Figure that there is 1 sq/in of area on the back side of the intake valve, now add 20psi of boost, you loose 20lbs of spring pressure just keeping the valve closed.


Ill check my books and look into the springs you mention.

Last edited by BogusSVO; 01-15-2013 at 07:01 PM.
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Old 01-15-2013, 07:08 PM
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Slmhofy

Checking my SBI catalog, the springs 160-1250 are for the 1990-1997

As far as the Volvo B20 spring, SBI does not have a listing for springs, it could be beacuse they are an older engine, B20B and B20E were made from 1969-1978 and is an OHV
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Old 01-15-2013, 11:03 PM
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Roger that. I was just trying to throw out some information as it seems like you love knowing everything there is to know about what you're working on.
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Old 01-16-2013, 07:09 AM
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Do you have a part number for the BC springs?
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Old 01-16-2013, 07:59 AM
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This is a very informative thread. A+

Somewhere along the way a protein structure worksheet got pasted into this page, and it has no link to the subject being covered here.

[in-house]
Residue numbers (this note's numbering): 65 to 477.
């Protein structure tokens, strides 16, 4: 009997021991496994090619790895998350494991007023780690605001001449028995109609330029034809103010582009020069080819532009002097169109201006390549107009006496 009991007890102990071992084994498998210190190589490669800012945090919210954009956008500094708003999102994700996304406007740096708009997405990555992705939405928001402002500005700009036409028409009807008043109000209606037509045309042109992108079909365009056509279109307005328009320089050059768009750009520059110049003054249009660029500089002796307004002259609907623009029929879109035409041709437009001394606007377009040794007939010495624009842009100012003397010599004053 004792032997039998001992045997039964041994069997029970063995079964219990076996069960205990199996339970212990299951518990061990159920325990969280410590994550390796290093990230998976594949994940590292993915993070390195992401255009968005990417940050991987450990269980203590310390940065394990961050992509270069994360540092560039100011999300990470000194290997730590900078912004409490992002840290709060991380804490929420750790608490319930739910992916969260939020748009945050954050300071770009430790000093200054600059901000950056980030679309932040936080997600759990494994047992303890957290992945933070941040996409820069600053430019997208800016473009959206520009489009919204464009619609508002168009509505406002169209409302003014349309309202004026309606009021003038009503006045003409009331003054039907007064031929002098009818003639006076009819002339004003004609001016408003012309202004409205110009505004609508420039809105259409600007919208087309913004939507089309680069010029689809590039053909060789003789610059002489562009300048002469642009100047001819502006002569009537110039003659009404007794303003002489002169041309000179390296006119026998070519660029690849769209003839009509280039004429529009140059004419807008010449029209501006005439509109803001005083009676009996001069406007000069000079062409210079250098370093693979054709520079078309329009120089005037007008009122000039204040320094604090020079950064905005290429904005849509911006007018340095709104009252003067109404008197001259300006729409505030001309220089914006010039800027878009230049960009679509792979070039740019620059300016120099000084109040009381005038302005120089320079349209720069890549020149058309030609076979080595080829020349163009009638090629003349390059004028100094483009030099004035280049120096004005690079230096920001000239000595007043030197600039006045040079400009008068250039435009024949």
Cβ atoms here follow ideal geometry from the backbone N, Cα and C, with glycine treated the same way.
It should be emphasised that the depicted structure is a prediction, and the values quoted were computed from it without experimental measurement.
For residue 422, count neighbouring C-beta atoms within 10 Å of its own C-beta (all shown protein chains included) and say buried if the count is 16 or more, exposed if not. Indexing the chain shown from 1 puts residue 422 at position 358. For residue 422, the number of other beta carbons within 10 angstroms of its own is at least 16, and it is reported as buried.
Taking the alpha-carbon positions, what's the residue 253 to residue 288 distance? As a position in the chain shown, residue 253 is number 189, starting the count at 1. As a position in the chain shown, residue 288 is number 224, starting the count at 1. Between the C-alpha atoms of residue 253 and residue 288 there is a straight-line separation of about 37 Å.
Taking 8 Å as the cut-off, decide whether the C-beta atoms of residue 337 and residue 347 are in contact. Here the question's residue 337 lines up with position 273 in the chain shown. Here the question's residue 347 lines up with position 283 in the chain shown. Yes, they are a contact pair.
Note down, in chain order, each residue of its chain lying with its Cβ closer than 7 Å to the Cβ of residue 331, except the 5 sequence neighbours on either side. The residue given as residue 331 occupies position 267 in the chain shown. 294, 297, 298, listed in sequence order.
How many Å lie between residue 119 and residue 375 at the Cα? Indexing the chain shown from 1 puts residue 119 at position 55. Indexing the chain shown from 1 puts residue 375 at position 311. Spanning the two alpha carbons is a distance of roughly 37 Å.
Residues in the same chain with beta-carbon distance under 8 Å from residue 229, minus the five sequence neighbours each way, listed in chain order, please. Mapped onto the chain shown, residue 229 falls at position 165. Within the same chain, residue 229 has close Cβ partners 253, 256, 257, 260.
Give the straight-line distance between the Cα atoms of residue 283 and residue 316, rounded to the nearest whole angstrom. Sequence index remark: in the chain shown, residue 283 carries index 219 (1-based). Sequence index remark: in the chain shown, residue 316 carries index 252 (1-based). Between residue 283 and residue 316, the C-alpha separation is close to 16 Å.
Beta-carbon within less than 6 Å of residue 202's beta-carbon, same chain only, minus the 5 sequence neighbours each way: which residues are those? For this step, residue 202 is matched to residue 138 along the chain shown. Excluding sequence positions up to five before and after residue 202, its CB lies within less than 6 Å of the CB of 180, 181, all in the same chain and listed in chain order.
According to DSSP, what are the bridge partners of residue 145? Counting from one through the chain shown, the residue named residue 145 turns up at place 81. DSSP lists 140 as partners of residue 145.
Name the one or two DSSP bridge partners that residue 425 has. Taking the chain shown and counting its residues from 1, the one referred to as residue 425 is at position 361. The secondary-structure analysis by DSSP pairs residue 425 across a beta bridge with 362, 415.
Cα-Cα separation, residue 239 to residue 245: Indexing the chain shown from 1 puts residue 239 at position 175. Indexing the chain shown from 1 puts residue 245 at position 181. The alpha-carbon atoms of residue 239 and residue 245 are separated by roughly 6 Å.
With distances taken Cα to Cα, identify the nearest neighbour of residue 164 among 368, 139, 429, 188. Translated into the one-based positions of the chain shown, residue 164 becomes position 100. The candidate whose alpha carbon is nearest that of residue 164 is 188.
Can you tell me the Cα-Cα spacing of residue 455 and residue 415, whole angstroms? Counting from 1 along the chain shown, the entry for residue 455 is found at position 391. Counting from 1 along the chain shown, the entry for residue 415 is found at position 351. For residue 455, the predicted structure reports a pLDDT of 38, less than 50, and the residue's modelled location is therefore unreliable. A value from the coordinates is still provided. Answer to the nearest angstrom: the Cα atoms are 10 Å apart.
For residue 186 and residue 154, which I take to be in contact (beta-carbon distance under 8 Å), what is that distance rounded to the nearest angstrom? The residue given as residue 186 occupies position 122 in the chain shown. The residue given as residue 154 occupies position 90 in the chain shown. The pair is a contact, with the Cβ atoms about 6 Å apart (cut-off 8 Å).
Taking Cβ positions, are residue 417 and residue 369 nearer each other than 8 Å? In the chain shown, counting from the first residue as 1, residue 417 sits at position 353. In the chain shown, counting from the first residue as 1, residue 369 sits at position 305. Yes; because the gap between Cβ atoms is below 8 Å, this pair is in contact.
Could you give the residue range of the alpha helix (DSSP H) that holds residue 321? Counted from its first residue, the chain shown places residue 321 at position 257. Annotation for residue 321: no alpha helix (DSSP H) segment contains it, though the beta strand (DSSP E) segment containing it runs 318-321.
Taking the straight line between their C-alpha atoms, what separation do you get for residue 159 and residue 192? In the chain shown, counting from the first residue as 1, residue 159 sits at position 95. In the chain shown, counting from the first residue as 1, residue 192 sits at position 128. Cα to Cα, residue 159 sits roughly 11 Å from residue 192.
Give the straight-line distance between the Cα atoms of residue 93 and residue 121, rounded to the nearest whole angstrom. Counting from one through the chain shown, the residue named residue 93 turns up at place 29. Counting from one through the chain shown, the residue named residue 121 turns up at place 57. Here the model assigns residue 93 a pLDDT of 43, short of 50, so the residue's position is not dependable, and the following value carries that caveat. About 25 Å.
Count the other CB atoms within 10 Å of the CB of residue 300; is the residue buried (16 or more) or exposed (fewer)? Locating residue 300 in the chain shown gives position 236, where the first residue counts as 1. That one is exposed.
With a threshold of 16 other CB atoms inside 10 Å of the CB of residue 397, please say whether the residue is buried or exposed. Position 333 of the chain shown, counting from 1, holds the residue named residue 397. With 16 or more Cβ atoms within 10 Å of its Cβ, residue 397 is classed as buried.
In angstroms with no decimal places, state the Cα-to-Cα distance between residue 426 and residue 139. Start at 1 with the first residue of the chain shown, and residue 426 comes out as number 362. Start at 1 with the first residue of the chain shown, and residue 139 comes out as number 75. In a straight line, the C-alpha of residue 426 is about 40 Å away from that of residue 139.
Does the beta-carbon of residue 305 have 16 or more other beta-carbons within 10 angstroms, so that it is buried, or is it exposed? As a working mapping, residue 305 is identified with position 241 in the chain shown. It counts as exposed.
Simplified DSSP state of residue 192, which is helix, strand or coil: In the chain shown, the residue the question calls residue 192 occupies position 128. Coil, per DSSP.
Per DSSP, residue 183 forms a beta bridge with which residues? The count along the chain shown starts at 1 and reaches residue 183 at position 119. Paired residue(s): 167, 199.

The question I always wanted to know is how do you calculate the desired seat pressure for valvetrain weight, camshaft specs, and rpm range?

Don't you want to have just the right amount of spring compression for your application? I have seen too many motors with springs way too big for a particular application, throwing horsepower away.
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Old 01-16-2013, 10:19 AM
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Another question, can't too much seat pressure put unnecessary strain on the camshaft causing accelerated wear to the lobes? At what point is too much seat pressure undesirable?
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Old 01-16-2013, 10:31 AM
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I'm wondering the same thing as the 2 posts above:
whats the perfect balance for your average boost setting (10-15) and/or a bit higher (20+)

Something tells me that you don't want to go too stiff, or you'll be putting excessive wear/tear on your valvetrain and/or throwing away power.

Some completely un-educated guessing here: if a stock motor operates at 1 bar and you're running 15+ psi (2 bar) then the double spring rates shouldn't be too bad? Probably doesn't work that way, just guessing